I don’t believe the Bible is a book of heroes. The Bible does have heroes in it, but that is not what it is about. It is a book about the Hero. Nonetheless, I do believe in having heroes, and I believe it is Biblical to have them.
Heroes are not perfect, and thus they point us to Christ in three ways. Their faults (weaknesses and sins) point us to the Savior that they, and we, all need. With this foundation we learn two further truths concerning their strengths. First, they are a result of God’s gifting and working in them such that He gets all the glory. Second, their strengths also point us to Jesus by whom they are graded – Jesus is the ultimate curve breaker. All heroes are judged in relation to Him.
Every year I single out one hero to study in particular. This year I will study the life and works of B.B. Warfield. He was born the son of a farmer on November 5, 1851 near Lexington Kentucky.
Warfield was fighter. While attending Princeton College he got into a fight following an afternoon lecture in front of the chapel. The reason – Warfield had drawn a picture of another student that was passed around the class. The picture wasn’t flattering so they fought. The fight evidently didn’t amount to much because no action was taken by the school, but Warfield’s reputation as a fighter stuck.
Warfield was a champion for the authority and inerrancy of the Word of God and many precious doctrines taught therein. He primarily fought with his pen and by teaching students at Princeton Seminary where he taught for 34 years instructing more than 2,700 students. But he was a gentleman fighter. Primarily he attacked ideas, not persons. This isn’t to say that his arguments didn’t sting or were void of sarcasm, but he was fair.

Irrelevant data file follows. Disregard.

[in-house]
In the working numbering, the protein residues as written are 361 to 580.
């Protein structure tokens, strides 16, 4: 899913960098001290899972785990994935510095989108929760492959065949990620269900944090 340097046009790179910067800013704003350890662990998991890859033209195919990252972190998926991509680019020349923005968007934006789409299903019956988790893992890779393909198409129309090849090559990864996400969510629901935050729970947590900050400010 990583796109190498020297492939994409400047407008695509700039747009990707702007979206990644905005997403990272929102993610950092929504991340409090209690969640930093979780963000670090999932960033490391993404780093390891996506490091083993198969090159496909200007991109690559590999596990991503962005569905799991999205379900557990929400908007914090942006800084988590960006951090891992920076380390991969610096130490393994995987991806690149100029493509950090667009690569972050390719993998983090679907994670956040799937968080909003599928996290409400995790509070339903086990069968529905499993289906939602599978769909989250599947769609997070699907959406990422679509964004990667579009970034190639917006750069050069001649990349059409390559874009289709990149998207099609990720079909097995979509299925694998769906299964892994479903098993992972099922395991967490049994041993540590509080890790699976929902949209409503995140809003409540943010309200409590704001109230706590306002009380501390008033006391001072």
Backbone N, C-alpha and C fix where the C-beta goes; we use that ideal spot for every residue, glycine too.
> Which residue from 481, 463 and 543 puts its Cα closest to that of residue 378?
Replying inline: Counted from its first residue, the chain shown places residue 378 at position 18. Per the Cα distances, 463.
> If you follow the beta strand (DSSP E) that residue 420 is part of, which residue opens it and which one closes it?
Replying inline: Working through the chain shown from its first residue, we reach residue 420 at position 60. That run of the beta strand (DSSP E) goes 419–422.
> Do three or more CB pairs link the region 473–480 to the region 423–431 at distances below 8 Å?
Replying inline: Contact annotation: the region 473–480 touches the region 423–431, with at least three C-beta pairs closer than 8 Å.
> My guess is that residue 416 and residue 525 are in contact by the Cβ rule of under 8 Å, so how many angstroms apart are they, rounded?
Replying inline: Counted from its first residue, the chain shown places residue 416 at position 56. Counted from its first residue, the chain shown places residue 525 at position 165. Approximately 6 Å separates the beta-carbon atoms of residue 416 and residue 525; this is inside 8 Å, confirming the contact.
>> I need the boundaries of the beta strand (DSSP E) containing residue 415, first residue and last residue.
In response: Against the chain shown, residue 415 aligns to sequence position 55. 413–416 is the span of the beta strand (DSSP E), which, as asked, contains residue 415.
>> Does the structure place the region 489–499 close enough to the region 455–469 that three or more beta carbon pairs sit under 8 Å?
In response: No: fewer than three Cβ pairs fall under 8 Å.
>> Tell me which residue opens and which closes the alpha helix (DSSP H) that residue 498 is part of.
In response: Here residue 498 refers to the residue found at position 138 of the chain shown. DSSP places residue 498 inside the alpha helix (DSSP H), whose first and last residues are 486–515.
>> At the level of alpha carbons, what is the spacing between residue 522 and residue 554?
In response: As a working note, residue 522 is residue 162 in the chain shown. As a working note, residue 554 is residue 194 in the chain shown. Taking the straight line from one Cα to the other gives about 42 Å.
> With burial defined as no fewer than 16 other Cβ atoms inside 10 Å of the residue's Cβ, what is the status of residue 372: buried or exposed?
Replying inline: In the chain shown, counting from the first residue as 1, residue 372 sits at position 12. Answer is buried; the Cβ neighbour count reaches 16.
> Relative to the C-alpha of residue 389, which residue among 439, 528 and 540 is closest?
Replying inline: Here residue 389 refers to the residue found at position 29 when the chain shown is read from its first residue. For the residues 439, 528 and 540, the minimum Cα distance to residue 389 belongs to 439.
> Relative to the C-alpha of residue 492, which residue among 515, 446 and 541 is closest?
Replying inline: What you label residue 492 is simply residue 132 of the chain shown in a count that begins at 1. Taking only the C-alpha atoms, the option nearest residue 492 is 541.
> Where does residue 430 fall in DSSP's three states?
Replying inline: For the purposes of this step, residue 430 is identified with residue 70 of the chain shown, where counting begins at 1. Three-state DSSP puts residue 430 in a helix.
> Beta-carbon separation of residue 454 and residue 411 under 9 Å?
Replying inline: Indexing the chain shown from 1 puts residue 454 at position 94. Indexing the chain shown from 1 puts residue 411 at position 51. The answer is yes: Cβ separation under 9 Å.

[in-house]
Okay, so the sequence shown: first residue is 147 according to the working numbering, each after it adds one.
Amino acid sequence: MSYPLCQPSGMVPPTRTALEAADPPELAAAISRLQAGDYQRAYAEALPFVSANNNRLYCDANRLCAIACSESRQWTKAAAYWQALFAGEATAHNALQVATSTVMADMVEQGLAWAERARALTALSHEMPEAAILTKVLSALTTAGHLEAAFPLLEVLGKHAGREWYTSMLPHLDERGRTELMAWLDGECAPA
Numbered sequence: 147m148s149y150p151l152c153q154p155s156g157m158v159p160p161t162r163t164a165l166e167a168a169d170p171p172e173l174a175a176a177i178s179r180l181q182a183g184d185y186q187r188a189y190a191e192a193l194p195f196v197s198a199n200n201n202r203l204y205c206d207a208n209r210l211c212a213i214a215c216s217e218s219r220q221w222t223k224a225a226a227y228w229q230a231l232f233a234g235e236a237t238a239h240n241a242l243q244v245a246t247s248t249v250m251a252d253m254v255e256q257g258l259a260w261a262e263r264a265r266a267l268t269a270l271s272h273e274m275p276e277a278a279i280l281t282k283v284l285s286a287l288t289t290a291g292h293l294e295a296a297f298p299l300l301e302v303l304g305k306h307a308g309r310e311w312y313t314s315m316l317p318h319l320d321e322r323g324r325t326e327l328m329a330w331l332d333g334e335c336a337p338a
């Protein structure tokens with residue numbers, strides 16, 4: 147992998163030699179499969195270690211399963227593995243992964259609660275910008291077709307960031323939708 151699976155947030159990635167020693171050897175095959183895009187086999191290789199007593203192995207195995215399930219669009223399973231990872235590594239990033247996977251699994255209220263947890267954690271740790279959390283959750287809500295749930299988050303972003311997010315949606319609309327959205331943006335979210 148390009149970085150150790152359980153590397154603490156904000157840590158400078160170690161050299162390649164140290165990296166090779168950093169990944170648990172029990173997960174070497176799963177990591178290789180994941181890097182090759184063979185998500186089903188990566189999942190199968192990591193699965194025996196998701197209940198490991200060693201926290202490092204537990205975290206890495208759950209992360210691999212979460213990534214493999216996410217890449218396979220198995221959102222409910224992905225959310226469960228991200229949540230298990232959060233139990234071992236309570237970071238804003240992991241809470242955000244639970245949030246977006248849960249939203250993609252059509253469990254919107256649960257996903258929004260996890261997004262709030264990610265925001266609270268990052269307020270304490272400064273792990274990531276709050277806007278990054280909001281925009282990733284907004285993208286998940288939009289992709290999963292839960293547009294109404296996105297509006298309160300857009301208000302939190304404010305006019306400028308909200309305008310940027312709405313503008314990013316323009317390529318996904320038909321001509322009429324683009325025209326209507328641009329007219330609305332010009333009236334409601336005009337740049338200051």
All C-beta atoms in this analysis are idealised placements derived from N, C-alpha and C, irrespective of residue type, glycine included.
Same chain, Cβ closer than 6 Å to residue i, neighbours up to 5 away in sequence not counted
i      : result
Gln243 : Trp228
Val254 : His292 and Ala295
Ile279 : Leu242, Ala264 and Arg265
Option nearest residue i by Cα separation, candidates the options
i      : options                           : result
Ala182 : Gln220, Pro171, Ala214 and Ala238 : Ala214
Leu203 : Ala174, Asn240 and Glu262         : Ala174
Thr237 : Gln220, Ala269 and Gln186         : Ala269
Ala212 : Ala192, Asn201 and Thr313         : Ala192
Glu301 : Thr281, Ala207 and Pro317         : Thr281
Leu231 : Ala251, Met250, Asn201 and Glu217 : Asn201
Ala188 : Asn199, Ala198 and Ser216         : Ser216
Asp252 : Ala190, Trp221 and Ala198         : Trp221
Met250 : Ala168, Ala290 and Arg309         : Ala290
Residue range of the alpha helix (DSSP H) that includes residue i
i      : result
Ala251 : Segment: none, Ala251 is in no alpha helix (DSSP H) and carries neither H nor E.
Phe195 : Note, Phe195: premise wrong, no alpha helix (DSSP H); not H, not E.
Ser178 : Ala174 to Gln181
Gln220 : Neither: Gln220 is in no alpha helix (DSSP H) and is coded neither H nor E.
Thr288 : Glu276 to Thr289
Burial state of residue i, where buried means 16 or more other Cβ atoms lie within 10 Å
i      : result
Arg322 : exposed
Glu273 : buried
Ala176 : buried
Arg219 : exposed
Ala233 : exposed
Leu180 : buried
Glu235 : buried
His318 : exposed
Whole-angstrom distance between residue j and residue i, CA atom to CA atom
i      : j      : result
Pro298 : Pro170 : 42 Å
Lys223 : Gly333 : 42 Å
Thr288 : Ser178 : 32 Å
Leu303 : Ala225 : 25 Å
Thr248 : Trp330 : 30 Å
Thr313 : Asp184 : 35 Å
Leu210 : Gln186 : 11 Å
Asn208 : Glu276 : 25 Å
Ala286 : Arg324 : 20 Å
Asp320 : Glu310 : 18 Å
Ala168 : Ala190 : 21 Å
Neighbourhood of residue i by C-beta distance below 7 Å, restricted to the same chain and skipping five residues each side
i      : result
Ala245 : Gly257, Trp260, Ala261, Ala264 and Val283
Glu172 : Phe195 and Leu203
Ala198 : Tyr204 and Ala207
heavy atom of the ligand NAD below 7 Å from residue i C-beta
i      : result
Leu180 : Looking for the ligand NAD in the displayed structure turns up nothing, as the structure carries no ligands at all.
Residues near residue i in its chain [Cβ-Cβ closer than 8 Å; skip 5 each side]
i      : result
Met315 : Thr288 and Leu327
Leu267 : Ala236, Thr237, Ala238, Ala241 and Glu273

And yet there was a tenderness in this man that allowed him to fight so tenaciously. At 25 he married Annie Peirce Kinkead and while on their honeymoon she was struck by lightning. She was a semi-invalid the rest of her life. Warfield rarely left her side for more than two hours. Because he was tied so closely to home by love, this freed him to fight with his pen for the glory of God and the edification of our souls.
Every week I will post some gleanings from Warfield. All such posts will be marked, “The Pugilist,” a nickname given to him in those early college years and an identity sanctified by God.